On the road or the track when something unexpected happens, normally my first reaction is to do nothing. Racing has taught me that instantly grabbing a big handful of brake will have me sliding down the road in a heartbeat. Should a rider fall off right in front of me on a racetrack, nearly always he or she will slide to the side and leave my line clear.

Many riders get into big trouble by braking sharply which will definitely have you off if you happen to be mid corner or cause a chain reaction of chaos should there be any riders behind. My plan would always be to wait for a moment to see how the incident unfolds and then be ready react accordingly. When possible I will look for an escape route on to the grass as if all else fails at least I get a soft landing!

On the road when something or someone has to be avoided again I will avoid heavy braking at least until I can do it safely with some weight transferred onto the front of the bike. Just like when I head for the grass on a circuit I always look for escape routes on public roads. I would much rather veer off through some cones into motorway roadworks than clobber a stationary car or be sliding along on my arse after losing the front attempting to stop. The hard shoulder on motorways is another safe haven and as the inside lane is often the least busy these days it might be the fastest as well as the safest place to be.

TWO’s ex-editor Tim Dickson maintained the safest action to take if a car traveling in the same direction turned into your path was to turn in towards the car. His reasoning was you would then make contact at a more acute angle and there would be less chance of you falling off. Should you steer away from the car and hit you the impact would catapulted you in that direction and possibly into on coming traffic. I’m not sure on that one but might try it one day and report back. Meanwhile as far as I’m aware Tim is still alive.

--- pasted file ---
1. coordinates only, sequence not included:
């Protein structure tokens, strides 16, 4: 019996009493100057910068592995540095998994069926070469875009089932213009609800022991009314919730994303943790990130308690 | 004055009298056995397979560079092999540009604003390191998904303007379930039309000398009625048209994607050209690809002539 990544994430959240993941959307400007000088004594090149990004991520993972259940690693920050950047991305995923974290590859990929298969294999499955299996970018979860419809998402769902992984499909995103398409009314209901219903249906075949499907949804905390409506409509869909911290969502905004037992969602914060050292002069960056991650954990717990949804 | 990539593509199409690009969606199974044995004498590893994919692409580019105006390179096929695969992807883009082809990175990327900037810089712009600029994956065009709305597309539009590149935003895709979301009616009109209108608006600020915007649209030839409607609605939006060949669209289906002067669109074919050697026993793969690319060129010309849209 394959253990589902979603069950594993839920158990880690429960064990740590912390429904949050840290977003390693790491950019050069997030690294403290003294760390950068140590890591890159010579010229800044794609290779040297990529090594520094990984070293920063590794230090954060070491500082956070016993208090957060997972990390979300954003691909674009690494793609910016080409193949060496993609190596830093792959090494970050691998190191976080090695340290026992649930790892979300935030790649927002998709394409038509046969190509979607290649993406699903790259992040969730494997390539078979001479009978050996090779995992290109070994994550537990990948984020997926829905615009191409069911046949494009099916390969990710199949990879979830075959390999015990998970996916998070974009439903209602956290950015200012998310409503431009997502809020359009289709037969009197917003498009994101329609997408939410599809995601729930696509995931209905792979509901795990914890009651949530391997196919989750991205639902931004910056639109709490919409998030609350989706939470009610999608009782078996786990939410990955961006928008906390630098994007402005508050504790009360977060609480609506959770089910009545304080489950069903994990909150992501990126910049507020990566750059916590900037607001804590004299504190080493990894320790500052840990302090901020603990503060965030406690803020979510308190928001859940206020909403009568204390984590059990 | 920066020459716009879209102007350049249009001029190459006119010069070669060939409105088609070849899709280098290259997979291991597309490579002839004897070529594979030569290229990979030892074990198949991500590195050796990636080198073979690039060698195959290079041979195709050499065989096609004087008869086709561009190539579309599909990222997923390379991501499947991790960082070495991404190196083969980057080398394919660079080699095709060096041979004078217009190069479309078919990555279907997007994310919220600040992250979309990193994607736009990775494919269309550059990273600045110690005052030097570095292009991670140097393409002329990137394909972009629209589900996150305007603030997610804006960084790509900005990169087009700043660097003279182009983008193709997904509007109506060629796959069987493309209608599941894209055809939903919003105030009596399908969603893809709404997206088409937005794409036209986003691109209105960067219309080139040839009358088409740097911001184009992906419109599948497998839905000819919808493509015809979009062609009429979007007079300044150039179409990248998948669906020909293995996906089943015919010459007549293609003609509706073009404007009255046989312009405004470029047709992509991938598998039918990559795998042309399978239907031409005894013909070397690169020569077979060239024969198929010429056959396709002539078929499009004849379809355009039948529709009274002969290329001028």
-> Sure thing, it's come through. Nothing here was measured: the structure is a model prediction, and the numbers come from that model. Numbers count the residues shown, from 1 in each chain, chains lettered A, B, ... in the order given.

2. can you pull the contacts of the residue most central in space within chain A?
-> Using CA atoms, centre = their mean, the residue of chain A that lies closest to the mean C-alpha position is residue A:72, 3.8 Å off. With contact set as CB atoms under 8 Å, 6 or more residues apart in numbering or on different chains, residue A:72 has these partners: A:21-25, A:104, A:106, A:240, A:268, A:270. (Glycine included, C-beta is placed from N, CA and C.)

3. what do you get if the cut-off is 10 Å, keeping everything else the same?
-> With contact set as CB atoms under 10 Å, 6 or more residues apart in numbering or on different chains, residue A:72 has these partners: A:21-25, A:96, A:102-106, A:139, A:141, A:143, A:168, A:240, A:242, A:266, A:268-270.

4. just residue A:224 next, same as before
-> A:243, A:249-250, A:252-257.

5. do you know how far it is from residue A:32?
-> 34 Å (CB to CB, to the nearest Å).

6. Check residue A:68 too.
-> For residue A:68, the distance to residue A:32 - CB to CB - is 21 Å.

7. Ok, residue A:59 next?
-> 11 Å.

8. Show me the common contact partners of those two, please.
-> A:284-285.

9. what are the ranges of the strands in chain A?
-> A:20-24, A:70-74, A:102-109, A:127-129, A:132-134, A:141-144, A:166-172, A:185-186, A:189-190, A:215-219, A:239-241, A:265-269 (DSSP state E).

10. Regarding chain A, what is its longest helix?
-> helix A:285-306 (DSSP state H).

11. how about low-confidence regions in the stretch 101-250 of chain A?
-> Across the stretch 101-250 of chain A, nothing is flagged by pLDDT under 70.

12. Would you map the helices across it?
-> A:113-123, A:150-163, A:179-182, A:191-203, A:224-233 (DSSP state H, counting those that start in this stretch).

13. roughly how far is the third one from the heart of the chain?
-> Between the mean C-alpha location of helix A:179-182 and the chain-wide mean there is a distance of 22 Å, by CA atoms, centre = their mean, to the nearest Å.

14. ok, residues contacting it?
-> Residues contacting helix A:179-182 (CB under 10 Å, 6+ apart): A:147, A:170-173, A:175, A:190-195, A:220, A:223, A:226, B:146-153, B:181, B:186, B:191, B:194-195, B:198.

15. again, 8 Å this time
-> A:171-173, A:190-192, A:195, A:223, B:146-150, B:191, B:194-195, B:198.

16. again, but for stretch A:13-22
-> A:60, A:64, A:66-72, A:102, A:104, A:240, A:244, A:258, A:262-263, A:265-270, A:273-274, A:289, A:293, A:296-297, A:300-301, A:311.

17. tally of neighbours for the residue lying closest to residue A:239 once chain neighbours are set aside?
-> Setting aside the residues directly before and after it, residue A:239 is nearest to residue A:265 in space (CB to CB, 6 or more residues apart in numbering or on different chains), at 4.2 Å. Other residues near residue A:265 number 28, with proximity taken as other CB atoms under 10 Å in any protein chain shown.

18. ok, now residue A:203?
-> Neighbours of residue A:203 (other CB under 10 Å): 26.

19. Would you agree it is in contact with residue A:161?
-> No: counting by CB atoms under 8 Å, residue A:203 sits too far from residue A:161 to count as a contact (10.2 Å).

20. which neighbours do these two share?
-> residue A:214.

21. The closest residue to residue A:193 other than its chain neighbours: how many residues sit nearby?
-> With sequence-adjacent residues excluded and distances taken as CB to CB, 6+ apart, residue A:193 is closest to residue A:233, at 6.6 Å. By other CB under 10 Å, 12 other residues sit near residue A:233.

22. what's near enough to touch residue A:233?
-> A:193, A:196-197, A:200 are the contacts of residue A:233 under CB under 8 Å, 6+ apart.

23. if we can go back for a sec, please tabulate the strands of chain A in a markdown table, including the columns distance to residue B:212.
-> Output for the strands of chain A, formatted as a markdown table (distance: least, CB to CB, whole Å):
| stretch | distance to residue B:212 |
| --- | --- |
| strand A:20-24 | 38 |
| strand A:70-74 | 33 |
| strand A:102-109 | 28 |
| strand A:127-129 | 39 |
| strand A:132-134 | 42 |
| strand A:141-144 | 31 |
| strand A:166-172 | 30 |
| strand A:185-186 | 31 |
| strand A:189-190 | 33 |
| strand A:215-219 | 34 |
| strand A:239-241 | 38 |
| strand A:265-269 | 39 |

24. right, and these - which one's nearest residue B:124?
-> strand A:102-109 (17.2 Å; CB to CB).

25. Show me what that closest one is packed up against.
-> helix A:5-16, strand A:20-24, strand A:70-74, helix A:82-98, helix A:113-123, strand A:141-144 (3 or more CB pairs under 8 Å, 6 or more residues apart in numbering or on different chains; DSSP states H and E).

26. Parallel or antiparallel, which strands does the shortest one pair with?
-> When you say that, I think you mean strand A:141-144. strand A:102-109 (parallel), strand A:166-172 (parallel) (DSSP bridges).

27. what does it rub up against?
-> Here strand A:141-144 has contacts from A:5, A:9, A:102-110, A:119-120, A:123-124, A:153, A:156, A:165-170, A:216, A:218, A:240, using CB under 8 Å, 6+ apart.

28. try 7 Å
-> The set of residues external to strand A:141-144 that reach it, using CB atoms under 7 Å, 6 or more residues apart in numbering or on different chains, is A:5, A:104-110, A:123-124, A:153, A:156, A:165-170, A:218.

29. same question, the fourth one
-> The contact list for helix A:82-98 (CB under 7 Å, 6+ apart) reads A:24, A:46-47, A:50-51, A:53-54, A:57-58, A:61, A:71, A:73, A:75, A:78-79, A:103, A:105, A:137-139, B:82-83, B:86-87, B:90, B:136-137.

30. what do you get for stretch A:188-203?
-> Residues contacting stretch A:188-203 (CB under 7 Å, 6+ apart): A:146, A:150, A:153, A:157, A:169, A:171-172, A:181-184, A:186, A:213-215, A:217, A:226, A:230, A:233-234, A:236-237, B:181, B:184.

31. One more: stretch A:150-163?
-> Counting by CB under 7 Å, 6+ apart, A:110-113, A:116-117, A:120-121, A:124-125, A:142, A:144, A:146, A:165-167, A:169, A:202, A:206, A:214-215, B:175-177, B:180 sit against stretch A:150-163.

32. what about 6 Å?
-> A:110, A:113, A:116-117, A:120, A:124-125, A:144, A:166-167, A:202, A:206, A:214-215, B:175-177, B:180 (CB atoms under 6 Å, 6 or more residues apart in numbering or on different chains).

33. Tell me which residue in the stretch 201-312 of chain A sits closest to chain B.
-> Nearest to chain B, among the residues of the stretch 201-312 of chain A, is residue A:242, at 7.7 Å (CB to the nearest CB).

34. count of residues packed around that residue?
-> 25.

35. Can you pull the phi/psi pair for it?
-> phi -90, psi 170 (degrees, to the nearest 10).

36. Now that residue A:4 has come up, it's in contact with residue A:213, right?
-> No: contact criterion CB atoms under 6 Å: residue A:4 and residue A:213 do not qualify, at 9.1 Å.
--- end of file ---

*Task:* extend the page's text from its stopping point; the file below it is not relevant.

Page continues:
Other trouble you may find your self in is when your gassing things up a little and you miss a gear or find a false neutral. If you find yourself in this situation always go for an up shift. The reason being if you go the opposite way you could find yourself in a really low gear that could well pitch you off or do some expensive damage when you let the clutch out.

And although I know you would never attempt these on the public highway there is always a fair amount of risk attached to the good old wheelie.  You have two get out of jail cards here should you be past the point of getting the front wheel down by closing the throttle. Firstly you can simply pull in the clutch and you will instantly have both wheels back on the tarmac. It won’t feel very nice but it is effective. The other tool is the rear brake that will provide more feel while controlling things nicely, the choice is yours. Or you could just not try to show off by pulling wheelies, but where’s the fun in that?

Things to remember

  • Try to ride relaxed but stay sharp
  • Keeping your bike upright gives maximum safety for braking and accelerating. Although it’s not much fun and your tyres will show you off as a great big girly
  • Try not to react instantly. Wait until a situation begins to unfold
  • Try to avoid grabbing the front brake quickly as this will always be dangerous
  • Always look for escape routes rather than locking up the brakes 
  • When riding expect the unexpected. Allakhazam. There, didn’t expect that, did you?